We now put daylight savings behind us and, have stepped into normal time, brighter mornings and days. When I lived in south California (which during wintertime here in Norway, feels like it was in another lifetime), I remember going straight over to Arizona, and just like that; daylight saving was swiped out. They don't use it there, along with Hawaii and, if I don't remember wrong, a few other places around the world. Doesn't matter though, in So-Cal, at least it stayed above freezing - and that was good enough for me.

So, when we turn into spring mode, leaving the darker hours behind us here in my good old homeland, I feel like my soul starts to again charge up. I slurp up every sun ray I can. Start running again, getting up earlier in the morning and, walking past my Rollerblades in my hallway makes me drool! Ha ha! But, springtime is also a time when I need to feel heavy, before I feel bright and light. It's a transition, where everything again, comes to life, wakes up. It's the same thing with me. But, days like these, helps better then any vitamins and salad bar's: 

I know when daylight saving time turns in, farmers has great issues with the livestock's and their milking cow's. One hour is enough to make the cow's frantic, when the farmers would wait an hour to start the milking. Poor cow's... That's why most farmers (at least the smart ones), make the transition period easier for them, by delaying it a few ten's of minutes every week, until they are on the right track with time. Now as we step out of it, they have to do it backwards. I guess it's the same for us people - at least here up in the north, where it's cold and dark during this period of time. We need a little time to tune back in.

It was during the first world war, that daylight savings was first implemented. It had been suggested long before that time, by among others Benjamin Franklin and, the modern idea of it was first proposed in 1895, by Georg Vernon Hudson. But as mentioned, it was not until the first world war, it was put in use world wide. The reason for this, was simply to save energy and the evening use of incandescent lightning, which was at the time the primary use of electricity. Why? Because of the danger of bombing. Lighted up buildings, streets and more, was the best way for enemy bombers to navigate during that time, and get more accurate hits at late hours. With more blacked out urban areas, the cities were safer. Also, it was to boost spirit! It may sound silly, but we all know, or can at least imagine, that days with more hours of day light, makes our minds and souls much happier and positive, then days that darkens faster. The more daylight there is, the happier minds, and people. It's basic psychology. In Norway's most northern parts of the country, the number of suicides and, believe it or not, the numbers of mental health issues, goes up drasticly during the wintertime. At some places, and this isn't just small villages, but larger urban cities, they have no sun- or daylight at all, for months! For many people, that is a tough situation to handle.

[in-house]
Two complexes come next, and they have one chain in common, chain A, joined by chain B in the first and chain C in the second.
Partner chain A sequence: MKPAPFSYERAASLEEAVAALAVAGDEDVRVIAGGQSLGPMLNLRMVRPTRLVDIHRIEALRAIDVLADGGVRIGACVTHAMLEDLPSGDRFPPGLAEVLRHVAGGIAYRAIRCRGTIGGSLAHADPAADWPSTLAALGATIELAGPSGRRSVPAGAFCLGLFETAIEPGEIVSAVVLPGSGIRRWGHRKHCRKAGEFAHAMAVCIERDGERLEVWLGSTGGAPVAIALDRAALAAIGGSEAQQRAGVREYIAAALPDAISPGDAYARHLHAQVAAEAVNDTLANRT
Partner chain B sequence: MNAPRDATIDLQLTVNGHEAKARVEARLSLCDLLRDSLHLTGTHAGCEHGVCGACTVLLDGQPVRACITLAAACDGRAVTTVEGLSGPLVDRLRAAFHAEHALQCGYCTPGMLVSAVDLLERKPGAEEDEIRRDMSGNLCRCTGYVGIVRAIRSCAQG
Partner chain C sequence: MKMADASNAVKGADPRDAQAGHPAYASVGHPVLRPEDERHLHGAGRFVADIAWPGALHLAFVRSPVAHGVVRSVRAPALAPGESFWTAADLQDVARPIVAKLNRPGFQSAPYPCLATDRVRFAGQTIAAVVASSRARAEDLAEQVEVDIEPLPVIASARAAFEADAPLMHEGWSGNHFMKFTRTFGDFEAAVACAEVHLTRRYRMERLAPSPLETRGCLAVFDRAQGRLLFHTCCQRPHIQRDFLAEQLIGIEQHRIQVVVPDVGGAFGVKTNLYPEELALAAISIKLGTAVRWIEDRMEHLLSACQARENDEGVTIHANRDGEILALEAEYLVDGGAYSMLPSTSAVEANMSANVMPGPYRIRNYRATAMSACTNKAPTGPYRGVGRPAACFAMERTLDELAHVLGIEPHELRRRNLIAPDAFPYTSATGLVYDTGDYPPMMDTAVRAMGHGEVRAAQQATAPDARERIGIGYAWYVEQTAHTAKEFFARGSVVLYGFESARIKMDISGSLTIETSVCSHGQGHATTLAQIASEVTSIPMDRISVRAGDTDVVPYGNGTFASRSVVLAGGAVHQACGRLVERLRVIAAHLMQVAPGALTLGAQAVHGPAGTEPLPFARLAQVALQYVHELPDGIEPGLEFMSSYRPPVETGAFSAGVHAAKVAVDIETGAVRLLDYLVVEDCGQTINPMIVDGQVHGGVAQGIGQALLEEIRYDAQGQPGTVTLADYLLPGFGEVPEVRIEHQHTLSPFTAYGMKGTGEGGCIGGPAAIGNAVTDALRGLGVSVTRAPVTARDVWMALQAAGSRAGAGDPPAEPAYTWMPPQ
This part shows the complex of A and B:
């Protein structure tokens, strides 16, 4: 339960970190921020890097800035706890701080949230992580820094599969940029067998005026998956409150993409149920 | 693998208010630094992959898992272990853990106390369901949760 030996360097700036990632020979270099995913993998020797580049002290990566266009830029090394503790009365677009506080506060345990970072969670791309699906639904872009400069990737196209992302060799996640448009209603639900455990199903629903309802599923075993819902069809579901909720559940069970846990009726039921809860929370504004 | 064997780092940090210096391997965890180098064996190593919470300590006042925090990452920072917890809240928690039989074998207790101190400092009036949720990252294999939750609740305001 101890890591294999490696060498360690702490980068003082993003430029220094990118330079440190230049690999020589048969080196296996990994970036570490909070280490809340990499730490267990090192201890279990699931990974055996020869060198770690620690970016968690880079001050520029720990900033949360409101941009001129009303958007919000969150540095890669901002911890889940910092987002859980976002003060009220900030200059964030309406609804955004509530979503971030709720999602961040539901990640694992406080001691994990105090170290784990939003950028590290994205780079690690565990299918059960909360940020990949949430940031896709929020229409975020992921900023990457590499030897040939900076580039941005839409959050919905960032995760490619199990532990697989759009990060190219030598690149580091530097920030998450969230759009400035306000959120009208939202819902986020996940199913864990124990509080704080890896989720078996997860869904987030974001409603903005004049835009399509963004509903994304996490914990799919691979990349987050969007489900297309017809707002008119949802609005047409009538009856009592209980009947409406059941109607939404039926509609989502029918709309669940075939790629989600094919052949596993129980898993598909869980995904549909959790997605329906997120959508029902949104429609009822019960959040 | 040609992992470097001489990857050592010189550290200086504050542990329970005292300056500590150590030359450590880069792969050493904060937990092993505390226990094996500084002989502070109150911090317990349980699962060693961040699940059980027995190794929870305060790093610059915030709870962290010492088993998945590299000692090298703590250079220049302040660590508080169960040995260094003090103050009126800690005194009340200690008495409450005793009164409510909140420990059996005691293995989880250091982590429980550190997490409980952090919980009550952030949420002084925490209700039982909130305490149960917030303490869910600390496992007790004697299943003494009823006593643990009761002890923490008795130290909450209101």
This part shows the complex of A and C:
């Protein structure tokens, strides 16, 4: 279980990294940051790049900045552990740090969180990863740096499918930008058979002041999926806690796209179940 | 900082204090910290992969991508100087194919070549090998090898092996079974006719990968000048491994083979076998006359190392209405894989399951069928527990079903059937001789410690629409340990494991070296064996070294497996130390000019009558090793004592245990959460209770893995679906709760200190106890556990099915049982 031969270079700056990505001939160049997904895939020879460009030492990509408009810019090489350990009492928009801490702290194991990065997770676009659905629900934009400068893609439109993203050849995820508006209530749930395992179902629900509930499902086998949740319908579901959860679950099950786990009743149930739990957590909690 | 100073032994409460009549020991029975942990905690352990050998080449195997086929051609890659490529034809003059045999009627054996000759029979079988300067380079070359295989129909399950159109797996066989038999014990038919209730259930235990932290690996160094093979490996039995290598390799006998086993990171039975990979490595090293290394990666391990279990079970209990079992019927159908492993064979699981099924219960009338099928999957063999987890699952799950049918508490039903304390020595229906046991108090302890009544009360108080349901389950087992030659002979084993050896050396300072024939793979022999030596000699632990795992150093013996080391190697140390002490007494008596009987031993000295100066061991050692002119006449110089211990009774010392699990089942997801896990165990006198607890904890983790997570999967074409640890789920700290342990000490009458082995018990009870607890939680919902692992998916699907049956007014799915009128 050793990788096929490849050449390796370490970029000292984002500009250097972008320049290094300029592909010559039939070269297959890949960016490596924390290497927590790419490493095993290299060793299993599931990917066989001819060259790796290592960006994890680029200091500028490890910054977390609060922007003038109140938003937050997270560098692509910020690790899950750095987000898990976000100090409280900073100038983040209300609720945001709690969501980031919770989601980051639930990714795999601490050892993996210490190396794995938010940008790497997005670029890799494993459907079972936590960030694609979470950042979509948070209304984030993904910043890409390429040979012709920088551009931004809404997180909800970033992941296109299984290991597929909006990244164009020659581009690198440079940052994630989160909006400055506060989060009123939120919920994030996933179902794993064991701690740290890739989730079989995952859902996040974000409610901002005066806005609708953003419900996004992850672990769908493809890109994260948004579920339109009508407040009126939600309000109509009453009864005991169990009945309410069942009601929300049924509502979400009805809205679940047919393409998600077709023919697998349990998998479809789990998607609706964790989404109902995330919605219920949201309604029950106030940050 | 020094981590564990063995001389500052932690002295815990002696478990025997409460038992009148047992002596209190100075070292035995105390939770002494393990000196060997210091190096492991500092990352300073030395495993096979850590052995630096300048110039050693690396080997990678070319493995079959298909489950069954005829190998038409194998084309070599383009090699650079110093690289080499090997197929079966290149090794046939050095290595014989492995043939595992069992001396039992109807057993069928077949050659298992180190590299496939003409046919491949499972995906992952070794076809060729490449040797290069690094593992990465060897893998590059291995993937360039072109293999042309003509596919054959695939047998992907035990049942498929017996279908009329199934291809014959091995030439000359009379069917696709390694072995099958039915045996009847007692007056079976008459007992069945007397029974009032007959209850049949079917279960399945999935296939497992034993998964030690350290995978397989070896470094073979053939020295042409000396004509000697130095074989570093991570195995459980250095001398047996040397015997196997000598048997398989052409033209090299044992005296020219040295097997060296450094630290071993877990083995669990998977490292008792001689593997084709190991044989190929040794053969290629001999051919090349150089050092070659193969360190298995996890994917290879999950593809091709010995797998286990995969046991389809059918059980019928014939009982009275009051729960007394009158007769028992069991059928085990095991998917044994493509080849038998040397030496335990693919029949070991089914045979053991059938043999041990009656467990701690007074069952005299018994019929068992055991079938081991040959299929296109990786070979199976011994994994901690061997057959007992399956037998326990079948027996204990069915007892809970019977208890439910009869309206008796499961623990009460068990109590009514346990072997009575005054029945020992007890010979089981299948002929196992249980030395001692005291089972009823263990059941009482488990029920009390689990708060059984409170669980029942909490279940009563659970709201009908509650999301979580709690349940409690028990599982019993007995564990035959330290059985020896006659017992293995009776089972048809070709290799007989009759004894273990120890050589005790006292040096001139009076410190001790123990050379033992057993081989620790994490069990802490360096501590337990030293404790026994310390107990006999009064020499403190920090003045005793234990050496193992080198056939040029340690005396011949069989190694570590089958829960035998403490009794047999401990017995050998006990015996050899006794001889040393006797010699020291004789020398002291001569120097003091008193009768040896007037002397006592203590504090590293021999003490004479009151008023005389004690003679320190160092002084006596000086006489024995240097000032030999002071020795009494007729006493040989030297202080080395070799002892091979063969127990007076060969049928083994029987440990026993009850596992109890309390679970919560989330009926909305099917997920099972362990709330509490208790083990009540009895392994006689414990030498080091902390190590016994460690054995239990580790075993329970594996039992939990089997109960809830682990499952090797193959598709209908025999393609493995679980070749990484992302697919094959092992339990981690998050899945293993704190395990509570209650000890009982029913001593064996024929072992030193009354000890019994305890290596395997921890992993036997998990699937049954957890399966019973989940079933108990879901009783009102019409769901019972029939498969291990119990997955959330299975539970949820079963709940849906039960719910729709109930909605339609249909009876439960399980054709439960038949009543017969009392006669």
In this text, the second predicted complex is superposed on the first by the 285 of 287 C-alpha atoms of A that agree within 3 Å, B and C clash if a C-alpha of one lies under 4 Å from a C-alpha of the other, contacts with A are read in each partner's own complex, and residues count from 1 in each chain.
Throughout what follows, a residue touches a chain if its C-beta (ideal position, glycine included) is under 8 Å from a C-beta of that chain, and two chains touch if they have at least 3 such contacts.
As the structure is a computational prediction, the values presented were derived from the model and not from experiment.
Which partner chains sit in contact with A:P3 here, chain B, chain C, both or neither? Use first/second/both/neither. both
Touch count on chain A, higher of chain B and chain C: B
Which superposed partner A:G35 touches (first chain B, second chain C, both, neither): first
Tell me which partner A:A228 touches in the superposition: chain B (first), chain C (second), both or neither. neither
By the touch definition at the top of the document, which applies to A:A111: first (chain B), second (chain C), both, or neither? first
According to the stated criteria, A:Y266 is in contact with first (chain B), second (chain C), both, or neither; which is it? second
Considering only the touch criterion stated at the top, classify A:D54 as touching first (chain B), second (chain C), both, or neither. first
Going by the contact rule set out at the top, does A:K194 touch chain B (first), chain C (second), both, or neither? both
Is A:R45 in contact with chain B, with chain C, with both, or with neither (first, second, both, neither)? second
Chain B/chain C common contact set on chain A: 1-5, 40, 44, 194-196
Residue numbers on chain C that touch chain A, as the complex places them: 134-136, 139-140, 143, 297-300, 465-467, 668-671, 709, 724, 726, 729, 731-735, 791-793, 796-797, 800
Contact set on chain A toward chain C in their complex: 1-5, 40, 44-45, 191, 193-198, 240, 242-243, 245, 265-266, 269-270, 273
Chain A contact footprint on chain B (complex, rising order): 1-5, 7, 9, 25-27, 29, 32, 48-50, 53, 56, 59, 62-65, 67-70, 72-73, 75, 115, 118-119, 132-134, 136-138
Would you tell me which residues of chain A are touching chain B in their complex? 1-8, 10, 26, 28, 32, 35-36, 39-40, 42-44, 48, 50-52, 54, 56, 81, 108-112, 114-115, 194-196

For me it's ok. It's not a huge issue for me, thank The Maker, but it still affects me. Where I live, at least we have daylight in the darkest time period of winter. A few hours, at least, all though no sun, for months. But I lived up north, and also I lived at the island Svalbard for a few years, which is the last settlement before the North Pole! There it was total darkness, NO light at all, from October till end of February. It takes a tough soul, and strong mind and person, to live there. When you have, it's easy to understand why daylight saving, was first introduced. Now, it's here! We shake the darkness of our shoulders and backs. People are again turning out into the streets. Smiles are again a much more common sight, on people you pass on the sidewalks. It's finally springtime! It's time to start living life again and, live it lots ;)

Have a beautiful spring day!
Til next time!